I still have a lot to learn... the breading didn't cover the squid in many places, and the calamari came out just a little tough... BUT... it was close and it tasted clean/fresh. So far... so good. I will try the tip about buttermilk.
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Old 12-07-2009, 05:14 PM   #9
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I had the same experience! I thought it was how I had prepared it. Now I know it was the squids fault. I was thinking "Maybe I'm supposed to soak it in milk or white wine before cooking?" I just boiled it for a bit of marinara. It was so fishy I tossed the whole batch sauce and all.
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Old 12-07-2009, 09:56 PM   #10
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I agree with them. The calamari should be fresh! My mother cook her calamari so well. She simply cut the squid into rings, dip the rings into a simple flour mixture, and fry. Mmmm.... delicious!
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Old 12-14-2009, 04:21 PM   #11
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Most of the squid you see in the stores, behind the seafood counter, is really not fresh. It comes in frozen and they thaw it out. If you are wanting fresh, I would ask if it is really fresh. I just buy the frozen, bread it lightly and it usually comes out great. I have tried the frozen rings and did not like them as much as the block of frozen squid.
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Old 02-18-2010, 10:26 AM   #12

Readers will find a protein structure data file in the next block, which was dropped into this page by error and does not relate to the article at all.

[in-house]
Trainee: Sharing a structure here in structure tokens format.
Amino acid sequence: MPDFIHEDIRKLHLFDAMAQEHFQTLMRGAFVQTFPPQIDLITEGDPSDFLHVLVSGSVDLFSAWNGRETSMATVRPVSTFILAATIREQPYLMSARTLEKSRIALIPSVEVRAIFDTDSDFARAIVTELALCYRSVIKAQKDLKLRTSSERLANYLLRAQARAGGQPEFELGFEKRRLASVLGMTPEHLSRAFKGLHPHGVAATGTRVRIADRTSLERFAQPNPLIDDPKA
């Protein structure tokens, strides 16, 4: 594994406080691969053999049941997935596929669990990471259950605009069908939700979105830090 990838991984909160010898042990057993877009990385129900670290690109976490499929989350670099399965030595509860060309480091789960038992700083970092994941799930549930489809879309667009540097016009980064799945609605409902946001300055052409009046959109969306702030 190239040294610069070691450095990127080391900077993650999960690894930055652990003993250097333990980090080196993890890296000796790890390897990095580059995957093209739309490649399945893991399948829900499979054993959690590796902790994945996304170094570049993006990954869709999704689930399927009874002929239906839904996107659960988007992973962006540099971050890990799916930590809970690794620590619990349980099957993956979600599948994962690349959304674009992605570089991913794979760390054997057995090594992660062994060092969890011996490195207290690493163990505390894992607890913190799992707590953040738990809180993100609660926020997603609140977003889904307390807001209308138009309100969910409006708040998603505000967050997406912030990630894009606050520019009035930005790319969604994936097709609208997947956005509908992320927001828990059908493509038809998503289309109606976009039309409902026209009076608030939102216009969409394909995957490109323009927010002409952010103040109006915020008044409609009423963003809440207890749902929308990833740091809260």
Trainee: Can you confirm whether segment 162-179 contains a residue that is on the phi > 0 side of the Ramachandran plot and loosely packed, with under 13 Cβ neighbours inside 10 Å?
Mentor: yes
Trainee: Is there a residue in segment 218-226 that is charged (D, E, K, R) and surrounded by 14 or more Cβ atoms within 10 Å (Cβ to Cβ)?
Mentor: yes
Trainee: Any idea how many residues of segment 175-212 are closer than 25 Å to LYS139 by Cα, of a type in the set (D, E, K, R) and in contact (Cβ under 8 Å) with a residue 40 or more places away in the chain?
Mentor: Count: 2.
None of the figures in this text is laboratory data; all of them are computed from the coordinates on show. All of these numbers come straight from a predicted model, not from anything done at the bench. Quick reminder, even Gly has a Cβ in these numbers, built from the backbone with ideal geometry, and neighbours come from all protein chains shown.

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I'm still working on perfecting calamari. I can't seem to get it well-coated with flour like you see at the restaurants. If you have been to Carabba's or similar you will know what I mean. It usually looks almost battered, and there is substantial (but very crispy) coating. Simply dredging the rings in seasoned flour doesn't get this intense coating I am looking for, it just adds a paper thin powder coating to the rings. As a result the calamari isn't very crispy / coated. Any tips?
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Old 02-18-2010, 10:33 AM   #13
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Quote:
Originally Posted by tzakiel View Post
I'm still working on perfecting calamari. I can't seem to get it well-coated with flour like you see at the restaurants. If you have been to Carabba's or similar you will know what I mean. It usually looks almost battered, and there is substantial (but very crispy) coating. Simply dredging the rings in seasoned flour doesn't get this intense coating I am looking for, it just adds a paper thin powder coating to the rings. As a result the calamari isn't very crispy / coated. Any tips?
The calamari you see at places like Carabba's are pre-breaded and frozen. In order to achieve a similar result, you would need to first dry the calamari very well. then, dredge it in seasoned flour. third comes the egg wash, and fourth, in seasoned crumbs. If you let them set up in the fridge for a couple of hours, you will end up with the heavy breading that they achieve.

I prefer to just dip them in egg wash and into seasoned panko. They fry up much lighter that way, and still nice and crispy.
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Old 02-18-2010, 10:50 AM   #14
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The finest calamari I've eaten came from Fulton's Crab House in downtown disney. They ship in the "bell" of the squid, soak it in milk overnight, cut it in strips about 3/8" thick(looks like fries) and serve it on a bed of spring mix salad with tomato basil sauce. Add a squeeze of lemon and it melts in your mouth. Very light breading.